Bayern Munich face Paris Saint-Germain in the Champions League quarter-finals on Wednesday, in a re-run of the 2020 final.
Die Roten came out on top last summer thanks to a second half winner from Kingsley Coman – a player PSG let slip through the net back in 2014.
Since then, a lot has happened in both Bavaria and Paris. Some of it has been good, some has been bad, but if you are anything like us you have probably forgotten most of what has transpired. That's why we have compiled a handy guide to everything that has changed at each club since they last met back in August 2020.
Which players have left?
Bayern saw several prominent names depart after the final. Most notably, Thiago Alcantara brought a highly successful seven-year spell with Die Roten to an end, signing for Liverpool where things have not gone quite as well since.
They have also lost a handful of rotational options. Loanees Ivan Perisic and Philippe Coutinho, who both came on as substitutes against PSG, returned to Inter and Barcelona respectively, while several less known players named on the bench have departed on loan.
PSG lost several similarly influential players after the final. The long serving Thiago Silva moved to Chelsea, while Edinson Cavani and Thomas Meunier – who turned down short term contract extensions and missed the game – also left.
Elsewhere, backup striker Eric Maxim Choupo-Moting continued his trend of failing upwards, securing a move to none other than Bayern.
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Which players have joined?
Bayern highest profile arrival since the final, aside from the irrepressible Choupo-Moting, is Leroy Sane. After a lengthy courting process, Sane finally secured a move to the Allianz Arena in the summer and has got off to a solid start, returning eight goals and 11 assists in 35 games. Douglas Costa has also returned on loan from Juventus to further strengthen the Bayern cause going forward.
Although not technically a new signing, Wednesday night will see PSG get their first taste of the ludicrously talented Jamal Musiala. The Germany international has been elevated to the first team by Hansi Flick this season and he has rewarded this faith with a string of impressive performances.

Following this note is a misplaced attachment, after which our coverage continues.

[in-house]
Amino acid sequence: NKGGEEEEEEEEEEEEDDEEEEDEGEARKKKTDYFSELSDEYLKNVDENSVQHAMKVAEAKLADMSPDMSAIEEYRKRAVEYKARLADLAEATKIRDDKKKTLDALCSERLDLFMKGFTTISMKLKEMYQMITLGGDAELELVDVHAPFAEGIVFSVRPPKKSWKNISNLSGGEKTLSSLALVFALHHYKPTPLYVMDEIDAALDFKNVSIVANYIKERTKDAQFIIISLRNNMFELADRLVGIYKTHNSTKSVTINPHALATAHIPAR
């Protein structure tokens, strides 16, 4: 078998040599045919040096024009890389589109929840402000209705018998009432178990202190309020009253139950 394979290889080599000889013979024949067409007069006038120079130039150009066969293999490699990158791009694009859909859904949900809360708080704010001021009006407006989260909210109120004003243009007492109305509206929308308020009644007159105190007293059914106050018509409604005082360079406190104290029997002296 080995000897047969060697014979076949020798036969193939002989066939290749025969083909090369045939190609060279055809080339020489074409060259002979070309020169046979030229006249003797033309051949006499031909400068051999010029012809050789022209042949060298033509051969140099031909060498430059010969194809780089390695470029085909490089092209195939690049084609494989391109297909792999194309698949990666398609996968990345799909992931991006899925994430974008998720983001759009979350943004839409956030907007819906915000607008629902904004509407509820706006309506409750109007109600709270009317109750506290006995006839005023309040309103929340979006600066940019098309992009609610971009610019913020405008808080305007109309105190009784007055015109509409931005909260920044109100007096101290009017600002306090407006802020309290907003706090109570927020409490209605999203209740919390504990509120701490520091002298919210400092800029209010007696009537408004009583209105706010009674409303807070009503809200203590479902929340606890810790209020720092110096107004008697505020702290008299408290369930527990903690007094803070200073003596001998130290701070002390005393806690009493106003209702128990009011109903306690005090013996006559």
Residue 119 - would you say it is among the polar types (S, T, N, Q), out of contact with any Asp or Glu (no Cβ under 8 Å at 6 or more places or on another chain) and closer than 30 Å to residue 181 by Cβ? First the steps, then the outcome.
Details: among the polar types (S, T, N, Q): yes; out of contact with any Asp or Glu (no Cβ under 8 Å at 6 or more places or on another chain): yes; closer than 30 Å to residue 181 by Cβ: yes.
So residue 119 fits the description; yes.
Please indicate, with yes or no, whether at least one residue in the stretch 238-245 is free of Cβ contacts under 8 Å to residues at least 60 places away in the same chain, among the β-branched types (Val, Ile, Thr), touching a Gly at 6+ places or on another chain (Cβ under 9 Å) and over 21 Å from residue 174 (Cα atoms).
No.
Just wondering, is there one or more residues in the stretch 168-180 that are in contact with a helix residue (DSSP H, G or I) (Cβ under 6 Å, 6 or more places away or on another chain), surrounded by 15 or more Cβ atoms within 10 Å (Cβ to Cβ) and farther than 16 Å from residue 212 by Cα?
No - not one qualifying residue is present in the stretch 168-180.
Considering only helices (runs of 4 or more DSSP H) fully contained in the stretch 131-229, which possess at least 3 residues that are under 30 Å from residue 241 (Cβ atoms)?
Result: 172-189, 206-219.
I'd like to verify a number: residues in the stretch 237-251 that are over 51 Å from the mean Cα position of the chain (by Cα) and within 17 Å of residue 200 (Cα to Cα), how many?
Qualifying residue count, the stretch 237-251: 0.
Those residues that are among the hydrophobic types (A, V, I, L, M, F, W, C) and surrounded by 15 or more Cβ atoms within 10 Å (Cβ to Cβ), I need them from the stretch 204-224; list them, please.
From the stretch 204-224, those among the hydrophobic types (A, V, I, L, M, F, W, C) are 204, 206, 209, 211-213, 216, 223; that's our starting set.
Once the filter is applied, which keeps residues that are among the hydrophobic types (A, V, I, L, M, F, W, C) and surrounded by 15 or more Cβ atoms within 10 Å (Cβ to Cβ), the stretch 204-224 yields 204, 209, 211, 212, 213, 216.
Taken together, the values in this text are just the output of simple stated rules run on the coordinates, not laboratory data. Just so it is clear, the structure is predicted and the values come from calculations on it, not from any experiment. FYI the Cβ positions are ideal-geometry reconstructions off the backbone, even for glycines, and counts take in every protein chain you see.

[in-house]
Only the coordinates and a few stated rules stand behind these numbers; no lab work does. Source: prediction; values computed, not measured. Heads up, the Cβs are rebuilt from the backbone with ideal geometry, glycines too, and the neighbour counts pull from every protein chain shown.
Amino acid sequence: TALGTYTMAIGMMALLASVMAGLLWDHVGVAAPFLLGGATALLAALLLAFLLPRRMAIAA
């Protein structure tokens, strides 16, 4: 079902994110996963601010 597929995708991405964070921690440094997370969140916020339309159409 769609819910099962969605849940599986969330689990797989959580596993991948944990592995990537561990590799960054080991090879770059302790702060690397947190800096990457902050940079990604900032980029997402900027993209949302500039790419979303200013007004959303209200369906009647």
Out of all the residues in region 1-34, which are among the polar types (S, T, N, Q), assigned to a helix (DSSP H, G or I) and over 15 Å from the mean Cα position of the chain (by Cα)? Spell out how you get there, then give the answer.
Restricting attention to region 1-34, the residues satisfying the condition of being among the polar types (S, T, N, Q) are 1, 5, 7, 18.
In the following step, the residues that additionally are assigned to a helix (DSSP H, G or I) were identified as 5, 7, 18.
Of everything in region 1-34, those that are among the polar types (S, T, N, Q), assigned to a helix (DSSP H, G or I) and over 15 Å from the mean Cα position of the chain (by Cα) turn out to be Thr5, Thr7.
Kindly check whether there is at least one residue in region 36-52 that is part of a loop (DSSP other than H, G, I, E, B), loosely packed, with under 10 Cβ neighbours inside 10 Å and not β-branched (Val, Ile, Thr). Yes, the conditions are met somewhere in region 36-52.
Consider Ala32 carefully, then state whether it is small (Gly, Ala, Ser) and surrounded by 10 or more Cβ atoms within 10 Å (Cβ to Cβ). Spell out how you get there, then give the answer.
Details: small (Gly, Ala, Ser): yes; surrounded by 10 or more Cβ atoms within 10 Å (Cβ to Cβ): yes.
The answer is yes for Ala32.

By their own cartoonish standards PSG had a quiet summer in terms of outlay, but they still brought in several new players. Their midfield has been strengthened with the additions of Rafinha and Danilo Pereira, while Sergio Rico was brought in as a backup goalkeeper.
One of their more surprising but successful transfers was signing Moise Kean from Everton on loan. Since arriving in Paris he has managed 15 goals at a rate of one strike every two games.
By the time last year's final came around Bayern were on to complete a treble, while PSG were going for a quadruple. This season, neither club has managed to match this domestic dominance.
Bayern's hopes of completing another treble were ended by second tier Holstein Kiel in January, who knocked them out of the DFB Pokal on penalties. Die Roten have also had a few Bundesliga setbacks, although they are now top the table by seven points.
PSG's fall from grace has been far more stark. Although they have already won the Trophee des Champions and remain in the Coupe de France, their Ligue 1 form has been worrying. They currently sit second, three points adrift of Lille with seven games left to play. Monaco and Lyon are hot of their tail as well.
In Bavaria, treble winning supercoach Flick remains in charge and this is unlikely to change anytime soon, unless he is tempted to take the Germany job when Joachim Low departs after Euro 2020.
For PSG, things have changed. After relations with the board became strained Thomas Tuchel was binned off over Christmas, with former Tottenham boss Mauricio Pochettino airlifted in. Since arriving his record has been mixed.
For every impressive display, like their first leg victory over Barcelona, there has been a worrying one. Their recent defeat to Lille is a prime example. As a result there is already a fair amount of pressure on Pochettino going into Wednesday's game.